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Summer_Twilight
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22 Apr 2021, 11:21 am

Earlier today, I was waiting for the bus outside of a gas station which is just in front of the bus stop when two men walked out of the gas station. While one of them walked to his car, the other got into his car right in front of the entrance.
The man parked at the front entrance started talking to me. "What's going on?" I politely said, "I am just really thirsty," by drinking a bottle of water which shut him down and close his car door. He also said, "Although I do like your hair color," and drove off, which I know is a polite way of saying, "I don't like you."

Any thoughts on the way I handled him?



BeaArthur
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22 Apr 2021, 12:45 pm

You projected the message "I don't really like you" and he sent it back atcha.

I'm assuming you were trying to brush him off (under the circumstances, I would). So why do you care what he thinks?


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Summer_Twilight
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22 Apr 2021, 2:36 pm

Bea,
Yes, I was brushing him off by being as polite as I could while letting him know I was not interested. That said, I didn't really mean to give him the idea that I didn't like him. I just was not comfortable with some random stranger sitting in his car flirting with me. As for him not liking me, I was trying to pay attention to the unwritten social rules of interactions. When I interacted with him, I attempted to use more of a closed body language as well


However, I am trying to learn how to brush people off in witty ways without being mean or nasty.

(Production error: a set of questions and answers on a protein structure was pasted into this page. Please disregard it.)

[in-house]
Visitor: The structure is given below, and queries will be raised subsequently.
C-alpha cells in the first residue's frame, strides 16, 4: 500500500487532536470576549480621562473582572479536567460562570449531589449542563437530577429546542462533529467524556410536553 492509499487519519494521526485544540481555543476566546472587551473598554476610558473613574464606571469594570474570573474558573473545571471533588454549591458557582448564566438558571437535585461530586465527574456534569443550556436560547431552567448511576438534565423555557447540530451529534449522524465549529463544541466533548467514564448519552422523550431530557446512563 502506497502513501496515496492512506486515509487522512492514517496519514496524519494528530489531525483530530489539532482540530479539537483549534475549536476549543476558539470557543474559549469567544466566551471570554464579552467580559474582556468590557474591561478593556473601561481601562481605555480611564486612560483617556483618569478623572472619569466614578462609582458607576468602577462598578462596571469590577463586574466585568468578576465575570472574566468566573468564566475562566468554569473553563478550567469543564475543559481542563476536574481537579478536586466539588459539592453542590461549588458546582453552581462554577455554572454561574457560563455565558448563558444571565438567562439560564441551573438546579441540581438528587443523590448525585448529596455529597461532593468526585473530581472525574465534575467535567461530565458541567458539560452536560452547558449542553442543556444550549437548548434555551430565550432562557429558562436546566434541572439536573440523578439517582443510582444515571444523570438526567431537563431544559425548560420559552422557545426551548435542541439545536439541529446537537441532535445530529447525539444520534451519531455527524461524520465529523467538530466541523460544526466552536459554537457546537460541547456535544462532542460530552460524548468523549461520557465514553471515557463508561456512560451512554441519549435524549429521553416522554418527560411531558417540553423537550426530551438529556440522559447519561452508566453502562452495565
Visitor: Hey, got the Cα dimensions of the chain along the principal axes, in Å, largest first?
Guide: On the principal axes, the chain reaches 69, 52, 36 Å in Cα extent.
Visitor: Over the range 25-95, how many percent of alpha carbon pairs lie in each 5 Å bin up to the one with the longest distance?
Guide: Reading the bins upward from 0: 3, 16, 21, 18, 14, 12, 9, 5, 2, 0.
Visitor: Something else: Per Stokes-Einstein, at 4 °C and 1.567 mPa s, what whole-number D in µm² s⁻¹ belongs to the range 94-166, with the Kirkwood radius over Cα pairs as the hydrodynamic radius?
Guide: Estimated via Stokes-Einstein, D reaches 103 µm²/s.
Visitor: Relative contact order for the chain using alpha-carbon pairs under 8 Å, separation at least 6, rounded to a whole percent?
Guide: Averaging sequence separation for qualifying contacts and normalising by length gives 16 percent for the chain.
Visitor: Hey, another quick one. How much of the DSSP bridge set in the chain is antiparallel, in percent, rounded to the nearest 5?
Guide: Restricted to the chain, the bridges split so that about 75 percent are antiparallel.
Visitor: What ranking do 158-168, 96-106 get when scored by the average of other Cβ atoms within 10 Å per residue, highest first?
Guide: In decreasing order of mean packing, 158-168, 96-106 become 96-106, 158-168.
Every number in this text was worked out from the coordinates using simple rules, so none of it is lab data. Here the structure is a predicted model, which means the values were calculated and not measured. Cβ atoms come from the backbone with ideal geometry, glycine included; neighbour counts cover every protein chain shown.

BeaArthur
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22 Apr 2021, 2:46 pm

Oh. You are more nuanced than me. When random strangers on the street "hit" on me, I have never cared whether they thought I was nice or nasty. (Mind you, I'm an old woman, so it is decades now since that happened.)


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Aspie1
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22 Apr 2021, 10:19 pm

Summer_Twilight, you did nothing wrong. Since you mentioned a "bus stop", I'm sure you were in a big city, not a small town or a suburb. City people tend to be terse and brusque; they have thick skins, and see such speaking styles as an expected norm. There's outward decency, like not cursing someone out undeservedly, but that's about it. For instance, if homeless people ask me for spare change, I blurt out "I got nothing" without slowing down. Your reaction is far from rude, and the only person to call it such would be someone looking for a confrontation. That man tried to flirt with you, you told him you were thirsty, he didn't get the reaction he expected or wanted, and left you.

This speaking style may not be "nice", but I'm used to it. It feels strangely honest. I prefer it over "bless your heart!", where you have to rack your brain whether it's true and literal, or a dog whistle for "oh my god, you're such a loser".



Summer_Twilight
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23 Apr 2021, 8:19 am

BeaArthur wrote:
Oh. You are more nuanced than me. When random strangers on the street "hit" on me, I have never cared whether they thought I was nice or nasty. (Mind you, I'm an old woman, so it is decades now since that happened.)


1. Bea - I used to have more trouble with nuances and other hints but I have gotten pretty good at picking them up.
2. Aspie1 - When I said "I am just really thirsty," I said it in a very friendly manner.

Another example, there was another time where I was getting off the bus when this man approached me while carrying a bible. He comes up to me and goes "Excuse me, I can't help but notice you're very beautiful." I asked him, "Did you just come from church," it was Sunday. He goes, "Oh just forget the whole thing and took off pretty fast. :lol:



Aspie1
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23 Apr 2021, 10:07 am

Summer_Twilight wrote:
2. Aspie1 - When I said "I am just really thirsty," I said it in a very friendly manner.
I believe you. But maybe he expected you to flirt back, rather than mention a dry fact. Or maybe his mind was in a weird place. Or maybe someone he had a problem with appeared in his side vision, so he bolted. No matter what, it was nothing you did. A stranger's opinion of you is not your responsibility.